Squirrel Café To Predict The Weather From Customer Data

Physicist and squirrel gastronomer [Carsten Dannat] is trying to correlate two critical social economical factors: how many summer days do we have left, and when will we run out of nuts. His research project, the Squirrel Café, invites squirrels to grab some free nuts and collects interesting bits of customer data in return.

Animals are said to have a predictive sense for natural events, and [Carsten’s] experiment is about verifying this. The hypothesis [Carsten] is trying to prove with this setup is the following:

The amount of nuts taken by red squirrels from a squirrel feeder correlates with upcoming winter weather conditions significantly.

To prove this, [Carsten] regularly fills a wooden squirrel feeder with a known amount of nuts. A mercury switch on the feeder’s lid triggers the execution of a Python script on a Raspberry Pi. The script then polls a Dallas DS18B20 temperature sensor and takes a photograph through a Raspberry Pi camera module. All gathered data is automatically compiled into a tweet and also sent to ThingSpeak for further processing.

The setup works well, providing squirrels with peanuts and [Carsten] with precious data. The video below suggests that the little fellows tend to take one nut at a time, so the mercury switch effectively counts individual nuts. When refilling, [Carsten] checks how many nuts have actually been taken from the station, which allows him to track the nut consumption more accurately.

Yet, for some mysterious reason, the local squirrel population recently decided to boycott the café entirely. For two weeks now, not a single guest has shown up. The outside temperature was around 35° C (95° F) for these days, so regarding the hypothesis, the appetite loss could already be an indicator for a certain weather dependency of the squirrels’ nut consumption. There are certainly some more factors to consider, like the overall food supply, instinctive behavior, and software bugs, but we’re already curious if we will see more squirrels when the temperature drops again. What do our readers think, can squirrels really predict the weather?

Enjoy the video below, which shows the café’s furry guests before they took summer vacation:

13 thoughts on “Squirrel Café To Predict The Weather From Customer Data

  1. Well …

    > What do our readers think, can squirrels really predict the weather?

    … since our weather “scientists” (muahaha) definitely CAN NOT, I’d say the race is on. I am willing to bet more on a squirrel being right about weather forecast than any TV-weather-freak.

    On topic: I love extensive research on what seems like a nuts thesis (pun intended). Carsten might want to add the normalized influence that pink unicorns have when facing flying whales, since their manure will then show a semitoxic component that makes squirrel exclusively eat cherry falvored pralines.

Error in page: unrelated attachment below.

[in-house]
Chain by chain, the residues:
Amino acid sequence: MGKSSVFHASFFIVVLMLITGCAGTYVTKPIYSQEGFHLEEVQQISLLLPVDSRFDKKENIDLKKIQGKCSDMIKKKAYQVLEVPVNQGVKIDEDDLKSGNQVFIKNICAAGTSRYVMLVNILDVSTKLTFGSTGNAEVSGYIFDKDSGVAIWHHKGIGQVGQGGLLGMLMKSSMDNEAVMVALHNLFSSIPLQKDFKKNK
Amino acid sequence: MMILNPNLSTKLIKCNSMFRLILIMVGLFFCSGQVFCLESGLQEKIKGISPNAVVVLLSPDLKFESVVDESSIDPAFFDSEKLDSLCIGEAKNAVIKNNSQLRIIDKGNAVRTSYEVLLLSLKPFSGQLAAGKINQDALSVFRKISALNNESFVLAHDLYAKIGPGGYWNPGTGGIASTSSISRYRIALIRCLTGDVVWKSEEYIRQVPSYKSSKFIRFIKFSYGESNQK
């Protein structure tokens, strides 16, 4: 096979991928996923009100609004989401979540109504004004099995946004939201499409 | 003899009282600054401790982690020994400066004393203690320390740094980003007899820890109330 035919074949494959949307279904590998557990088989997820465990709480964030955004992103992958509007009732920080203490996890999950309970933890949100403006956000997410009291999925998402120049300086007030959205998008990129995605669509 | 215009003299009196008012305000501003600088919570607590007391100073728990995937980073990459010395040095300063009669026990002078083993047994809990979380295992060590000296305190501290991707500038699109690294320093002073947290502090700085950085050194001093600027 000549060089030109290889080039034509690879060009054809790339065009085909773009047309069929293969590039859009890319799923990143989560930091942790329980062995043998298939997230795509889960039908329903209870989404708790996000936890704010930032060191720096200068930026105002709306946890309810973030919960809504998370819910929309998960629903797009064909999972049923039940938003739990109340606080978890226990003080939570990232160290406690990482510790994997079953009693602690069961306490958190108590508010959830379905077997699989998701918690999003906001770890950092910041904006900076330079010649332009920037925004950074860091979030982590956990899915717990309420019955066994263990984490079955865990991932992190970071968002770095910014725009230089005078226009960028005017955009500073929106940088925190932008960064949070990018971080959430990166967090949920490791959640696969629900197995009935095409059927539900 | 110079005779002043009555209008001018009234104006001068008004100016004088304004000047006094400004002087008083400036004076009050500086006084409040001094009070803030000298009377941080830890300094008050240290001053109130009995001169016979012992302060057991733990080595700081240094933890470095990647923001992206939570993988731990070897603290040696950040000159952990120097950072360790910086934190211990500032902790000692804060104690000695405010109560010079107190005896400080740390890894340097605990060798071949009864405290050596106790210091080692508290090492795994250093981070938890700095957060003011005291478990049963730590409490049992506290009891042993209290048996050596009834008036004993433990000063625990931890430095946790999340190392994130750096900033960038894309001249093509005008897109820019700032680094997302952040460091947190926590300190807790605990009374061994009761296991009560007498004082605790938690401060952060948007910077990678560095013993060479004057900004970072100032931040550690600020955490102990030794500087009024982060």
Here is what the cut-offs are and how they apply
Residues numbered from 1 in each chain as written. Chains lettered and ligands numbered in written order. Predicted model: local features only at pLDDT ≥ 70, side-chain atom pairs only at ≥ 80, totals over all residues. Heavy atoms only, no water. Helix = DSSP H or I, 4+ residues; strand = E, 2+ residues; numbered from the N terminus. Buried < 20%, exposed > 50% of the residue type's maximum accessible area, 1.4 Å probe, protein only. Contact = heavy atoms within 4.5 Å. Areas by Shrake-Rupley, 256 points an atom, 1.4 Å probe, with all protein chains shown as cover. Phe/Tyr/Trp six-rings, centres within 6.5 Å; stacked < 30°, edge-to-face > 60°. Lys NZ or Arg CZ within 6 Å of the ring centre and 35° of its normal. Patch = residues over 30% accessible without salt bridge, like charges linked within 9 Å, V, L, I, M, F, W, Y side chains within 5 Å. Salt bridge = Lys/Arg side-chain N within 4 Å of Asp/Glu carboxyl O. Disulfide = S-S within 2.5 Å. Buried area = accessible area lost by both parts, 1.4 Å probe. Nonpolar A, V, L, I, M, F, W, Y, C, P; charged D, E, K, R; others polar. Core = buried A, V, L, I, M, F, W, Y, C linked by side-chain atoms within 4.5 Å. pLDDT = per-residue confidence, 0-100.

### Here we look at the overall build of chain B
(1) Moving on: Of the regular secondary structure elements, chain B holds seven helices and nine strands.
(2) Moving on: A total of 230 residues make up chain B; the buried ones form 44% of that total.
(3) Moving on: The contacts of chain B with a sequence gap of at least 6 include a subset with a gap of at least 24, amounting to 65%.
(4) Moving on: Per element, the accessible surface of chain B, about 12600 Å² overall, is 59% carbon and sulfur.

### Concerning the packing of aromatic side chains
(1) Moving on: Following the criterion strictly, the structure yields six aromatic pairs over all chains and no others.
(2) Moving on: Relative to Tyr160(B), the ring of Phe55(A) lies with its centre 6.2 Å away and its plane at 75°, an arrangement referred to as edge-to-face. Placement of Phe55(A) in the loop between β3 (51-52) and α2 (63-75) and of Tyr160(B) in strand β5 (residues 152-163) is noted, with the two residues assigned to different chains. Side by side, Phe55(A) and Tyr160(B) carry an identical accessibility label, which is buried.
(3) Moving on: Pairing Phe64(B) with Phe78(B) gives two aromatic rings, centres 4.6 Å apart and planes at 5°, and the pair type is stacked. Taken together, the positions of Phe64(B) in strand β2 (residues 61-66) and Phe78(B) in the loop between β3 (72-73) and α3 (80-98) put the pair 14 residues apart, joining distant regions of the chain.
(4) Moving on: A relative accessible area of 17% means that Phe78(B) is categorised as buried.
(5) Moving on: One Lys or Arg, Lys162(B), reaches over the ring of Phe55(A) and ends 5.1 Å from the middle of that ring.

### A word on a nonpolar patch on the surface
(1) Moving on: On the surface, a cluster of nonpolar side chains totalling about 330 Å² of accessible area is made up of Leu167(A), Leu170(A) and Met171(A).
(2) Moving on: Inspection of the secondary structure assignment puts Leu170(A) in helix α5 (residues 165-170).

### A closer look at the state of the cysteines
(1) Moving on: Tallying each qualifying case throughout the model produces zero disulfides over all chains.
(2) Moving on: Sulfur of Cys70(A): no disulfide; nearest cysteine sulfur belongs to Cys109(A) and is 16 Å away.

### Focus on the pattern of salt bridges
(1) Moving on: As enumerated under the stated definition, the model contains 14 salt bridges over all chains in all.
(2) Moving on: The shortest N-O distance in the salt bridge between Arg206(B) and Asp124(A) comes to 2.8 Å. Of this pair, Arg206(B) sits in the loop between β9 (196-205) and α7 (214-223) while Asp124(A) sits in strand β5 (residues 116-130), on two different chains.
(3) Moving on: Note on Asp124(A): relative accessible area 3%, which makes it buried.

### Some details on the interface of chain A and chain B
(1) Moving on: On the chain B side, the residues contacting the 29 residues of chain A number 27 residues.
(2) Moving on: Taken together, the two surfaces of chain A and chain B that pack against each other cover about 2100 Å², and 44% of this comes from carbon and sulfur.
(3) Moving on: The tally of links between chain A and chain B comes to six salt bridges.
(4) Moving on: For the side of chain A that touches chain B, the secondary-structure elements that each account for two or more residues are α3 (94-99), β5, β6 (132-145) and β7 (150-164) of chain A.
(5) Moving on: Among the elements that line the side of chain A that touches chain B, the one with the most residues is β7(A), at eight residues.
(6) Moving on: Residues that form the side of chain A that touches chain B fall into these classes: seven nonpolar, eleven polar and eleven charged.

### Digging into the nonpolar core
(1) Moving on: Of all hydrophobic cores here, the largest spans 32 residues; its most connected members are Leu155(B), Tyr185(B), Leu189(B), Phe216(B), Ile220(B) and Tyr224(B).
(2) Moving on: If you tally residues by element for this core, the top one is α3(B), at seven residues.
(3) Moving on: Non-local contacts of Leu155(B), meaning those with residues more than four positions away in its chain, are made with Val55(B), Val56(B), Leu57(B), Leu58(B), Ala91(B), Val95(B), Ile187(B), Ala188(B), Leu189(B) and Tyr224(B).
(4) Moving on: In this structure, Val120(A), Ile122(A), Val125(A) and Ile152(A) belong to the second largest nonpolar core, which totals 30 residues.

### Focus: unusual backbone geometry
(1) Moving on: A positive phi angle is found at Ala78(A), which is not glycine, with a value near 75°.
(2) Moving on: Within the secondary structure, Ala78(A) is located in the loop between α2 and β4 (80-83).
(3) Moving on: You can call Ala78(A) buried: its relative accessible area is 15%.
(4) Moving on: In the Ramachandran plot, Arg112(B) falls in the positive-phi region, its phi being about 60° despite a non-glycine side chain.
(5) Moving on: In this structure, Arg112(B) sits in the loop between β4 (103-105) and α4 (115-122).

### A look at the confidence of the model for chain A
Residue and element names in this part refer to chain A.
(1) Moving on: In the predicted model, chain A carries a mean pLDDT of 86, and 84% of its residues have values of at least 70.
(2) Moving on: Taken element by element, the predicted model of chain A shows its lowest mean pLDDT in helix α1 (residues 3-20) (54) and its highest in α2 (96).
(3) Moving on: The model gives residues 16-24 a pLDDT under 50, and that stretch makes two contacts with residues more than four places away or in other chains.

2. Clever and a reasonable hypothesis based on the behavior that I have seen here in New Hampshire. The squirrels, both red and grey become frenetic in their collection behavior as fall approaches. The one thing to be concerned with would be the discovery of the nuts by chipmunks. They will fill their cheeks and keep coming back until the box is empty.

  3. I was under the impression that squirrels stored native nuts for winter, I think with peanuts they’ed just eat them for day to day sustenance, so if you want to see if they can predict the severity of the winter you should switch to acorns.

    1. This is what i was thinking too, the article mentions peanuts, but in the vid you dont really see any peanut shells, im guessing theres bare peanuts in there, and the squirrel just drops by when its hungry, not when it wants to collect more peanuts for winter, since i assume it would want to collect peanuts including their shell.

      That said i know nothing about squirrels and never seen one irl.

      Also if we take it one (slightly grim) step further, if there are salted peanuts in that box (which i hope not) then the squirrels dont drop by anymore because they’re dead.. (while i dont know a whole lot about squirrels i do know that salt (in the quantity’s we consume it in) is bad for animals)

  4. THIS is what IOT was meant for. Aggregate the data from several of these and you may even get scientifically valid results. Maybe put something in it that your local squirrels actually find in the wild though.

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